Policy Papers

Policy papers connect research with policy through focusing on a specific piece of research and explaining its relevance for policy. The link to policy can range from pointing out conclusions and lessons for practice through to discussion of existing policies and practices and formulation of policy recommendations. In all cases the emphasis is on providing research evidence for criticising, endorsing or proposing a policy.

Is it possible to differentiate multilingual children and children with DLD?

  • The language profiles of monolingual children with Developmental Language Disorder (DLD) and typically developing multilingual children can overlap, presenting similar paths and delays in learning specific aspects of language in comparison with typically developing monolingual children of the same age.
  • In an increasingly multilingual society, it is essential to develop guidelines and tools for differentiating the two populations, avoiding both under- and over-diagnosis of language disorders in multilingual children.
  • Many multilingual children have a narrower vocabulary compared with monolinguals of the same age. Therefore, grammatical features are considered more reliable clinical markers of a possible disorder.
  • Clinical markers for children with DLD are language-specific. For example, in English-speaking children with DLD, verb endings may be omitted, as in “*Mary cook it”. For Italian or French children with DLD, a reliable marker is therealisation of certain pronouns, as in Mary lo cucina, “Mary it cooks”, with omissions or substitution of the pronoun lo depending on age.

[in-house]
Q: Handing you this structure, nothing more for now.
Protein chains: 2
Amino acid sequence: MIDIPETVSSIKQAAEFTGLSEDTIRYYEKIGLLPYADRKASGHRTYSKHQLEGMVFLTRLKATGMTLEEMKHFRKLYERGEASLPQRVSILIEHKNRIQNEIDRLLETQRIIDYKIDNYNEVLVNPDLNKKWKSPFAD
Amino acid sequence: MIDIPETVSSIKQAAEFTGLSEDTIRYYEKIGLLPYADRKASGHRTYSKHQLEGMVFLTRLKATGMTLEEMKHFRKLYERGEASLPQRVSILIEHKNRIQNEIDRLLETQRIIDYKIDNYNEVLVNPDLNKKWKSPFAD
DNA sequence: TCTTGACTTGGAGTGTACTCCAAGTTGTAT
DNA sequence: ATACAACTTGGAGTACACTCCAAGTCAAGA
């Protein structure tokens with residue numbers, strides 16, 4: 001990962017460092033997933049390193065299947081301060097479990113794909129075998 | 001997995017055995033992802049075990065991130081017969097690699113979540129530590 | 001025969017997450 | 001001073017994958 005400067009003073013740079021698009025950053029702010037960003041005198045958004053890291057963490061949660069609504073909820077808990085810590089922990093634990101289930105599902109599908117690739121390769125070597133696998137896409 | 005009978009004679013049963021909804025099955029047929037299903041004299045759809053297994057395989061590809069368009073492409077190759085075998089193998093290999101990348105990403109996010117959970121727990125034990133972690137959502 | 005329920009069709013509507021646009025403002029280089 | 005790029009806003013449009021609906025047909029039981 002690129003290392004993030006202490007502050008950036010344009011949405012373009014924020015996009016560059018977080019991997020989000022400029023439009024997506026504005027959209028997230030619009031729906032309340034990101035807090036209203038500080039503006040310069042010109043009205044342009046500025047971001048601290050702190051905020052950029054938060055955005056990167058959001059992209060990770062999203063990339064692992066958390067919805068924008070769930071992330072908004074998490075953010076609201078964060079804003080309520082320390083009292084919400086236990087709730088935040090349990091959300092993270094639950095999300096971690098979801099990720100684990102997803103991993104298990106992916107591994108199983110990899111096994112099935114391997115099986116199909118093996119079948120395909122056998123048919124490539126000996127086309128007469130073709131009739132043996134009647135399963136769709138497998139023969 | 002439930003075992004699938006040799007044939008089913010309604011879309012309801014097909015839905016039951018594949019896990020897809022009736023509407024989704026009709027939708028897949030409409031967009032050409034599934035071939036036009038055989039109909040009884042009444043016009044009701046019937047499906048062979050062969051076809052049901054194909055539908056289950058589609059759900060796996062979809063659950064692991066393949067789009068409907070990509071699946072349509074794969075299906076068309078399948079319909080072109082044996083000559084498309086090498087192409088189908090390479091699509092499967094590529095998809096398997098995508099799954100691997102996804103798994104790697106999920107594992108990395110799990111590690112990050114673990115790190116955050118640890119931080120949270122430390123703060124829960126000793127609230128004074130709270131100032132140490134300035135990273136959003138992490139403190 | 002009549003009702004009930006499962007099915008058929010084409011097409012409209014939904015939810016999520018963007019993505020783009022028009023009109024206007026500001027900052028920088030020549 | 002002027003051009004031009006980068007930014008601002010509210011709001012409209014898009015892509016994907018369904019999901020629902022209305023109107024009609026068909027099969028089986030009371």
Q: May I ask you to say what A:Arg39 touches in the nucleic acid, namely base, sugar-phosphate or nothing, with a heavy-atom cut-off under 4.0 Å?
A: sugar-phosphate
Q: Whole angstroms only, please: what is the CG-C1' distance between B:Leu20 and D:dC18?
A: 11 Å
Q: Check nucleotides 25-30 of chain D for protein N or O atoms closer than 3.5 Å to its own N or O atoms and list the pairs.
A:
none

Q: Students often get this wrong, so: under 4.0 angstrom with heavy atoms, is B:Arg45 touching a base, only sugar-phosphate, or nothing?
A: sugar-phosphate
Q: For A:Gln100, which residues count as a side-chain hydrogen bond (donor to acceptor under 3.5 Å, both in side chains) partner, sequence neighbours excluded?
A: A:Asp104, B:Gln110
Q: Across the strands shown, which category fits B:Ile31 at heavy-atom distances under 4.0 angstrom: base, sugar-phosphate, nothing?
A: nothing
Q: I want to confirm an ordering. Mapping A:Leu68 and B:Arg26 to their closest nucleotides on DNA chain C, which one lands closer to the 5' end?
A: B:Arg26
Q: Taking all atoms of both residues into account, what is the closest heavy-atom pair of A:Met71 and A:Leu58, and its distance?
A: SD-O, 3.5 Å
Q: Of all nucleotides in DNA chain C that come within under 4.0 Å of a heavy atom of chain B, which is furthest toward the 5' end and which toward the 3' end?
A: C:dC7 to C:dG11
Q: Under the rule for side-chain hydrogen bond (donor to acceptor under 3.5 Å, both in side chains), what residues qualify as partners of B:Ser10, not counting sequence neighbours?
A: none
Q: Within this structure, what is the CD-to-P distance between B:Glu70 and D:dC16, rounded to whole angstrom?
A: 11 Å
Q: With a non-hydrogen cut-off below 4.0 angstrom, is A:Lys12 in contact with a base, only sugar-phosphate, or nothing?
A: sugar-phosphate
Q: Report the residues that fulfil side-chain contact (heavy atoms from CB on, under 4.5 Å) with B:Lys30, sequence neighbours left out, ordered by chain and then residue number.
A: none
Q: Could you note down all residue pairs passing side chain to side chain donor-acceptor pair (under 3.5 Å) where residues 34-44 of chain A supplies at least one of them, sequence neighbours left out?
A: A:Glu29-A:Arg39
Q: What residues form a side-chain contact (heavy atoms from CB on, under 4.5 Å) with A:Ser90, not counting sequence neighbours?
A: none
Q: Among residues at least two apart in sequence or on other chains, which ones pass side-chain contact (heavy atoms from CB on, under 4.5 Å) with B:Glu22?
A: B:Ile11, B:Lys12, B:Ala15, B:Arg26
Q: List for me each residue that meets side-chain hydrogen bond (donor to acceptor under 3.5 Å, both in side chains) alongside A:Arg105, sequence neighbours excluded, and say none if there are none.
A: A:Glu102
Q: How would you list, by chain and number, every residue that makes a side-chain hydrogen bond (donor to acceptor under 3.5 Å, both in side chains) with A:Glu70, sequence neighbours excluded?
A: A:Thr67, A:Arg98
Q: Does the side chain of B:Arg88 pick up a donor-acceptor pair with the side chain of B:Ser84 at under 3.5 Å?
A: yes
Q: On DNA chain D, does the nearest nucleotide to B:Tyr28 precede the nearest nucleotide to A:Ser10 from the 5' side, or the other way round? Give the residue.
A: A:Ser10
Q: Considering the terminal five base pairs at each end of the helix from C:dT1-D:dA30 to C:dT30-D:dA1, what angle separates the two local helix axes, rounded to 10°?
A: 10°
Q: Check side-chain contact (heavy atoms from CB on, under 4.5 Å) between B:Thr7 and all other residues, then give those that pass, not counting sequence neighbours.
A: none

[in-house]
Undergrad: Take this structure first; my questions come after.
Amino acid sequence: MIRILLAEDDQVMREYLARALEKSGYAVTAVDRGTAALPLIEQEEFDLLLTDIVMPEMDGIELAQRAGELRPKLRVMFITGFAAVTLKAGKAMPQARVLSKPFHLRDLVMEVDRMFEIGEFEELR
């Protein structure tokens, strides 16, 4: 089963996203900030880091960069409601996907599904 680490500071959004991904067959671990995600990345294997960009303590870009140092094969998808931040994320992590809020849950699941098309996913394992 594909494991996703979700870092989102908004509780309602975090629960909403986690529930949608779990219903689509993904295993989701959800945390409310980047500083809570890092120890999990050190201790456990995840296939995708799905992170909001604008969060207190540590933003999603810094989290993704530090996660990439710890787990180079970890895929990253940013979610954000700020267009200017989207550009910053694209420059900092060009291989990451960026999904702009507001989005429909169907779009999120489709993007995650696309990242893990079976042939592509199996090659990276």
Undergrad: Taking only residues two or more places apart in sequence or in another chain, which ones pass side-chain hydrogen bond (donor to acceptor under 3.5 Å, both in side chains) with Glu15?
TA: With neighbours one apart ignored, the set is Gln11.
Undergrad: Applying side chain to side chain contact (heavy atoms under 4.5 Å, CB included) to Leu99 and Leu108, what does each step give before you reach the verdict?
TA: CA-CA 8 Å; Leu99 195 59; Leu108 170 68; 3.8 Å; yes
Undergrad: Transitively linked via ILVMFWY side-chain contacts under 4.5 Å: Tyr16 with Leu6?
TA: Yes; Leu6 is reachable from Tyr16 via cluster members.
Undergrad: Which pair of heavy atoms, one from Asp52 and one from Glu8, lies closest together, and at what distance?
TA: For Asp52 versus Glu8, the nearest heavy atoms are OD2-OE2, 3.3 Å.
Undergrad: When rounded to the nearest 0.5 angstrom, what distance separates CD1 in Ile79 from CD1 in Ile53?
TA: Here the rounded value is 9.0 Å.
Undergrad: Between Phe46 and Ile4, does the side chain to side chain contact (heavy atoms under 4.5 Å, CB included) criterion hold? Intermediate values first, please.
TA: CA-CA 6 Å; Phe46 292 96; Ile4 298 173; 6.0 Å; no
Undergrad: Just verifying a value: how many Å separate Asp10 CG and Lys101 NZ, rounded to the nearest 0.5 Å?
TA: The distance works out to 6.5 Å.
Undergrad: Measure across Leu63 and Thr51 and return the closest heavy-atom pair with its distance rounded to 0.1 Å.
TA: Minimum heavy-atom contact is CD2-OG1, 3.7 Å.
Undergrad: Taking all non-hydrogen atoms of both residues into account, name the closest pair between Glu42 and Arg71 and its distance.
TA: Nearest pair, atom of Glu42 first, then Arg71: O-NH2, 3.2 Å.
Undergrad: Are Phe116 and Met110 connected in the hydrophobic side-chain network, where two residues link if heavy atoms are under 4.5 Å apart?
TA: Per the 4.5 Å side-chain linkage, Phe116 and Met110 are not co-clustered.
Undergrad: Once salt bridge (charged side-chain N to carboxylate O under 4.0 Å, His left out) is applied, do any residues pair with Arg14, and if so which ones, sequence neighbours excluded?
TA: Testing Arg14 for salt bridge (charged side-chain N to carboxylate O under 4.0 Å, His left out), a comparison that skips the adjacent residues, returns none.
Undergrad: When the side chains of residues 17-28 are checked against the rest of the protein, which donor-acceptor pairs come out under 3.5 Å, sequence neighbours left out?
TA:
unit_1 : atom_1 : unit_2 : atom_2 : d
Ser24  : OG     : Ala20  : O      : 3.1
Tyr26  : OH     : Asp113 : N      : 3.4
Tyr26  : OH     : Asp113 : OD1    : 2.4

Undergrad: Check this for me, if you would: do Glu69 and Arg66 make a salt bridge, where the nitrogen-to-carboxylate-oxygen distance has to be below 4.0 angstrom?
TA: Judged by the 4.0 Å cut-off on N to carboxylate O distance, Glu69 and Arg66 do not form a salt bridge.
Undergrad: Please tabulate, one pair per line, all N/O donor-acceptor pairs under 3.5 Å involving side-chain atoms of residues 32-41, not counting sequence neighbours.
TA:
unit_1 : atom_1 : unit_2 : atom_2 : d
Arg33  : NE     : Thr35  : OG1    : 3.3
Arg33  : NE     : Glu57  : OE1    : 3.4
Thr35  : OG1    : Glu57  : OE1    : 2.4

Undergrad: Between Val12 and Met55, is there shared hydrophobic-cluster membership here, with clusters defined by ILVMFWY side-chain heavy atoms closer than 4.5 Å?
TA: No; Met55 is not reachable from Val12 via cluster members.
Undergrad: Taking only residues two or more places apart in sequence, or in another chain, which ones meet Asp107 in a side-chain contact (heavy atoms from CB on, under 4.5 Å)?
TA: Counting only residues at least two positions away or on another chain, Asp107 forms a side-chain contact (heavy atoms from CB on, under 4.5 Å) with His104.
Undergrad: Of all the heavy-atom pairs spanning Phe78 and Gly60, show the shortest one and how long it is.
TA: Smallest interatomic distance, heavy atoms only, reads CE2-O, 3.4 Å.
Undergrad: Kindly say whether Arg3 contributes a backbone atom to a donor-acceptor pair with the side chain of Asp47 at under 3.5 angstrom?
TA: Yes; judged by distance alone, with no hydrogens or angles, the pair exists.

• Despite similarities between multilingual children and children with DLD, it is possible to distinguish between the two groups after multilingual children have at least two years of exposure to their second language (L2).
  • Multilingual children can learn their L2 fully, while this is generally not the case for monolingual children with DLD; however, children’s success in learning their L2 depends onlength of exposure to the language, the type of multi-language experience, and the structural relatedness of the two languages.
  • Clinicians need to be aware of the type of language experience, the length of exposure to the L2, the linguistic characteristics of the child’s first language (L1) and the specific clinical markers of DLD in all languages. 
  • DLD will affect all the languages of a multilingual child, so assessment of all the child’s languages – wherever possible – is helpful in teasing apart developmental differences and disorders.
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